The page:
It was only thanks to my lovely host family that I didn’t feel as lonely during this episode of frustration. They took me to family parties, dinners, even holidays, introduced me to the neighbors and visited sights in the area with me. I’m tremendously thankful to them that they did all of that and even more let me be a part of their family. I know that a lot of other volunteers had some problems with their host families at least at some point, but I never had and I consider myself very lucky to have ended up with them.
After a few weeks of feeling disappointed, and admittedly also self-pitying myself a bit, because my expectations hadn’t been fully met, I decided to pull myself together and do something against it. In school I asked Tina for some more work and she immediately took care of the matter and organized that I could help out in the afterschool care on two days a week. I thought it was a great idea to also get to know some of the kids in a non-school environment and was very much looking forward to it. Roughly at the same time I was finally informed that the language course, Tina and I had signed me up for on my first day, would start soon. So I had even more I could anticipate. I had known from the beginning of my stay that I wanted to learn at least some Danish and the fact communicating would become so much easier raised my motivation even more. And indeed: after a few weeks of language school I was already able to understand a lot of what people were talking about around me. I was even able to have small conversations with the pupils. Unarguably the best thing was how they reacted to me suddenly speaking to them in their own language. All of the sudden they lost their shyness towards me and that was when I truly realized how much of a door opener it is to speak the tongue of the country you live in. They were remarkably supportive, helped me find words when I couldn’t remember them and tried very hard to understand what, I’m sure, sounded awful at the beginning. It was owing to them that I, too, lost my shyness and started to use Danish whenever I could. This new skill also helped me a lot with the work in the afterschool care which had been a bit difficult at the start. The concept was very loose and I struggled to find my place in it at first. I felt a little redundant as there wasn’t a clear task for me. But the pedagogues tried their best to integrate me and as soon as I started a little project with the kids – crafting some self-made Christmas decoration – I was feeling more comfortable with that part of my work.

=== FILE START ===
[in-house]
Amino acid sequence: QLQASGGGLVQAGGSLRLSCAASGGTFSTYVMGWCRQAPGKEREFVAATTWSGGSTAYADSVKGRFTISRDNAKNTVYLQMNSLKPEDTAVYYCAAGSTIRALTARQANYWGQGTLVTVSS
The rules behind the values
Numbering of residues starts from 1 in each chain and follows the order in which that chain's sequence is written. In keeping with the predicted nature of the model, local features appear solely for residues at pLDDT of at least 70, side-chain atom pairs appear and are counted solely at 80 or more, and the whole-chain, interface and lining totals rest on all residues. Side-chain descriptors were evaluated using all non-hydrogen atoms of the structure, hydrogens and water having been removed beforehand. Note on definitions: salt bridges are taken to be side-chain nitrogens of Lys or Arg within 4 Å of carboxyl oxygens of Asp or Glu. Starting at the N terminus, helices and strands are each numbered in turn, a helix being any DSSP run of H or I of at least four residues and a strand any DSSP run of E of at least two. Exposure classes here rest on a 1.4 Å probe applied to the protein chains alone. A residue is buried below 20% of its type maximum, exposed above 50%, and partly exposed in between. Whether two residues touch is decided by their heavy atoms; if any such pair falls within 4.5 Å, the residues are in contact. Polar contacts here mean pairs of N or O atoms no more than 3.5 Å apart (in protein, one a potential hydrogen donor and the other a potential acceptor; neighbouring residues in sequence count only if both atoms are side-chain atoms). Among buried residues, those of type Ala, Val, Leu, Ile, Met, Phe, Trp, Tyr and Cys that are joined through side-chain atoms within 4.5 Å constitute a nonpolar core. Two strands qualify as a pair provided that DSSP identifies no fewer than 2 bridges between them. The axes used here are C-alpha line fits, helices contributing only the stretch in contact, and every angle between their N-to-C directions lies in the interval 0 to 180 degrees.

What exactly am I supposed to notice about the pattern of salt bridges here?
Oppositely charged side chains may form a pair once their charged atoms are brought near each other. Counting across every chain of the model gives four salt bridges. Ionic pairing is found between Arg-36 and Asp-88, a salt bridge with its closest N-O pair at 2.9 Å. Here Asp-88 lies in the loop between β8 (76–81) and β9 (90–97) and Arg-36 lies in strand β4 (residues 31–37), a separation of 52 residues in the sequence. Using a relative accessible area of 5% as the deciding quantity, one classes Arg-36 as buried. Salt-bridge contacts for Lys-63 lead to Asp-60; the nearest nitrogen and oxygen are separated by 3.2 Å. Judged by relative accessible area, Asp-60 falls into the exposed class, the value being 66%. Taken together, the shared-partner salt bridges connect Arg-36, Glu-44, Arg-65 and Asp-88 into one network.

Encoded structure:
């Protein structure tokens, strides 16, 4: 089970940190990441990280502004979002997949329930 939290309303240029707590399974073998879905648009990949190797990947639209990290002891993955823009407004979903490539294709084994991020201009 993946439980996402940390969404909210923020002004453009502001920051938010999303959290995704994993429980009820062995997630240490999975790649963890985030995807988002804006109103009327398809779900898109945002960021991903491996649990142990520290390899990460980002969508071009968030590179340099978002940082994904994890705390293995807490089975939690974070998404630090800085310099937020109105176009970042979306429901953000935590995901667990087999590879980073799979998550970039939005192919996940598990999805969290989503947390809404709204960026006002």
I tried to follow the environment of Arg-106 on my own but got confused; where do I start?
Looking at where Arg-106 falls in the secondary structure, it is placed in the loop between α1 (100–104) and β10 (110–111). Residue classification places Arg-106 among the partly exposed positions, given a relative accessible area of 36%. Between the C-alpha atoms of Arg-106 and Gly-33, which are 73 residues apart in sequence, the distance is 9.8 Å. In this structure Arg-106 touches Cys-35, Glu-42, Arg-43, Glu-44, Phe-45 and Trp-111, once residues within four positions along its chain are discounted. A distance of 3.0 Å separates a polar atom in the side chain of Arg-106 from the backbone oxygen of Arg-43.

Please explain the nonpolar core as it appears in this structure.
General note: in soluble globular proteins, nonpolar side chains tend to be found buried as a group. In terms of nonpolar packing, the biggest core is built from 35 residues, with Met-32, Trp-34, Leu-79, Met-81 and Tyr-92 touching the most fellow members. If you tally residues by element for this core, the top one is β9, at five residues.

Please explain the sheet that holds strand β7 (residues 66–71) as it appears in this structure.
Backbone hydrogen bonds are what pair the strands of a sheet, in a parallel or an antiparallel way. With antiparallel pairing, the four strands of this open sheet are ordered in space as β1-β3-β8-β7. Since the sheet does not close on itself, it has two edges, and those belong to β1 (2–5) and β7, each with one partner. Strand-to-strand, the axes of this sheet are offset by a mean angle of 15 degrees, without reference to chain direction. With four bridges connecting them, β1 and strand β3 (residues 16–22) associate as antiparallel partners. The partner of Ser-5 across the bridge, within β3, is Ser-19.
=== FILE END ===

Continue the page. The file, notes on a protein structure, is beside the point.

Time just flew by now that I had overcome the frustration. On top of that I also joined a guitar group with some really nice university students that met up once a week to play some music together. Combined with the Danish lessons twice a week, where I had also met people from all over the world, this filled up my afternoons and cured me from my boredom.